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Lecture

LeidenASA seminar: African Muslim Migrants in Secular Europe in the Age of Islamism: Negotiating Belief and Ethnoreligiosity in European Cities

Date
Monday 18 November 2019
Time
Location
Pieter de la Court
Wassenaarseweg 52
2333 AK Leiden
Room
1A09

Studies on the religiosity of Sub-Sahara African Muslim migrants in Europe tend to give prominence to certain aspects of spirituality, like Sufism (see Kaag 2013; 2008; Soares 2004; Diouf 2002), but virtually not the wider question of belief and religiosity within the context of integration in a predominantly secular society. With the ‘war on terror’ shaping public perception of Islam and Muslims as monolithic ideology and community respectively (Kundnani 2015; Mamdani 2004; Diouf 2002), the essentialist view not only compounds the little regard accorded to varied nuances of Muslim religiosity, but also ethnoreligious experiences of Sub-Sahara African Muslims - often subsumed in the rubrics of the umma - as ethnic minorities living Islam in the European society that this study espouses. Taking belief as a multi-dimensional phenomenon with specific contexts (Day 2013), this study, therefore, seeks to enhance our nuanced understanding of Muslim religiosity among apolitical migrants who actively incorporate faith in their lives in secular societies accustomed to low-key approach to religiosity yet absorbed in the ‘war on terror’.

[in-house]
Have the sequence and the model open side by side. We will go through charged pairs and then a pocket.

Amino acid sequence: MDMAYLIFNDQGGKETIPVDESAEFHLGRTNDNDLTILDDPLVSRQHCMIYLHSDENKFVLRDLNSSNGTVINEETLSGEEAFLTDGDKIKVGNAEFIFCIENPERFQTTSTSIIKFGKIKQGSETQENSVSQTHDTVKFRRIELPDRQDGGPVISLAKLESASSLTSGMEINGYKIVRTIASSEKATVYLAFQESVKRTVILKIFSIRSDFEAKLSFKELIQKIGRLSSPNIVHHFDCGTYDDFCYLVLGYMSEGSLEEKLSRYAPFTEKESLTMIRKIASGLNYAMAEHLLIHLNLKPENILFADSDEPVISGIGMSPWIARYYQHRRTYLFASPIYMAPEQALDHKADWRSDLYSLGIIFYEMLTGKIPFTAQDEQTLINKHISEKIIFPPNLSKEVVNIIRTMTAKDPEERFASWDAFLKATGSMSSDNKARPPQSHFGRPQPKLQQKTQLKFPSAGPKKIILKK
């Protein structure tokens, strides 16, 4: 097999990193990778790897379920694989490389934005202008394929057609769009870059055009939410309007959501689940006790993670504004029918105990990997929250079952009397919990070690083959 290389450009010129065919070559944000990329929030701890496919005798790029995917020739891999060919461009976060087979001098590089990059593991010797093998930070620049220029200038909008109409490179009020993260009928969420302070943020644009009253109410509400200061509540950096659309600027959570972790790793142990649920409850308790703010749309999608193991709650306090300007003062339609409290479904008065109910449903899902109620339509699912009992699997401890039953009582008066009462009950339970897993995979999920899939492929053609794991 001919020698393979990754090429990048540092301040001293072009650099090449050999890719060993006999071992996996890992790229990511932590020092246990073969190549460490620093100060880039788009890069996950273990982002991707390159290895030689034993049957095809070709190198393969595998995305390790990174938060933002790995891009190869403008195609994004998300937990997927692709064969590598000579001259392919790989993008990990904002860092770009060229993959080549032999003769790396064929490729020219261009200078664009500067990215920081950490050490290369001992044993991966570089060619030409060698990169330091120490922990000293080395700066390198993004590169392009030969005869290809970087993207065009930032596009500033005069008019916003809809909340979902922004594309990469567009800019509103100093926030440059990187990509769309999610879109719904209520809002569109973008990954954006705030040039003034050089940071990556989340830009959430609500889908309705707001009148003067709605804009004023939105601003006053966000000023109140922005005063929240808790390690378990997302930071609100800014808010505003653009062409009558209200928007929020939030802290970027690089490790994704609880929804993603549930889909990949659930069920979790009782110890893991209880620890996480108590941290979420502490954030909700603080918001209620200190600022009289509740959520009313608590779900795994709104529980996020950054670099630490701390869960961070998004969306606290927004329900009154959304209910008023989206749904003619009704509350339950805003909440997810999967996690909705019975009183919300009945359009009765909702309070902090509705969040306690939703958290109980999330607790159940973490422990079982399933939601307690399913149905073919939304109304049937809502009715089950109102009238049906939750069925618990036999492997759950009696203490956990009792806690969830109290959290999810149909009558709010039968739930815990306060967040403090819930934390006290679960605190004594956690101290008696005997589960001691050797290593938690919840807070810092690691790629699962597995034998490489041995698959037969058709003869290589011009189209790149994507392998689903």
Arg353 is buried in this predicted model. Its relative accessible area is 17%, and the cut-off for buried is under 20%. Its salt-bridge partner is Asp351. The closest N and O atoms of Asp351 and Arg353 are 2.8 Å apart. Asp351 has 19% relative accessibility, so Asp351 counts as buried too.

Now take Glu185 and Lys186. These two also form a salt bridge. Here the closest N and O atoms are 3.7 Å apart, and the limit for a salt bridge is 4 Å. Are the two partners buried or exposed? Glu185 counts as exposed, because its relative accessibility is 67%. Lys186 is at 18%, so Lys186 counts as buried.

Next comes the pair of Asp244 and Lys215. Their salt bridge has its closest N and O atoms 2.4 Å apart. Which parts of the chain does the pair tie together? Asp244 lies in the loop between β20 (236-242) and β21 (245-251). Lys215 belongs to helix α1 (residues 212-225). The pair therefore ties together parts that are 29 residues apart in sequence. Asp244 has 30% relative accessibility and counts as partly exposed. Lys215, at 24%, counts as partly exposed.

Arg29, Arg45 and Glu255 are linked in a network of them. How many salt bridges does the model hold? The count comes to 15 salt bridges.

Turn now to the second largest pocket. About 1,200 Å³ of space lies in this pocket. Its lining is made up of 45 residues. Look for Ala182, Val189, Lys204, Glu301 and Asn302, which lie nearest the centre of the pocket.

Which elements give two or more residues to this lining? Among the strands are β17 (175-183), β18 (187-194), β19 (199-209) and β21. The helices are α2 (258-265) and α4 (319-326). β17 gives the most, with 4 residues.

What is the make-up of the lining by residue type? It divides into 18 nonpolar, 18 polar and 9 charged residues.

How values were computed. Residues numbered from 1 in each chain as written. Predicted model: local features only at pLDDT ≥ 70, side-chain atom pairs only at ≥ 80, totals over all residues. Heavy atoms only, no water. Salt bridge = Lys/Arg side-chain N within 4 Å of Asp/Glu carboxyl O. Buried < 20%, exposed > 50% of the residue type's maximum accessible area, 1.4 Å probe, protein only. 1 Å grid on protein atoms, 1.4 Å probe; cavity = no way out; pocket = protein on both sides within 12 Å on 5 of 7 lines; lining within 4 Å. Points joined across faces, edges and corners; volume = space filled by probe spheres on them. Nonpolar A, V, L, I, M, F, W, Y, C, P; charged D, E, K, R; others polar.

This is a joint seminar between the Leiden University Centre for the Study of Religion (LUCSoR) and the Leiden African Studies Centre.

Speaker

Dr. Suleiman Chembea is a lecturer of Religion at Bomet University College, a constituent college of Moi University, Kenya. His research is on the interface between Muslim charity and Muslim Socio-economic welfare politics in secular state milieus; on Muslim-Christian relations; on Religion and migration and Religious extremism.

He holds a PhD in Islamic studies from the University of Bayreuth, Germany, an MA in Religion and a B.Ed (Arts) both from Moi University, Kenya. He is one of the first three early career researchers of Islam in Africa under the mentorship program of the Institute of Islamic Thought in Africa (ISITA), Northwestern University, Chicago, Illinois since May 2019, for the review and publication of theses into books.

Registration

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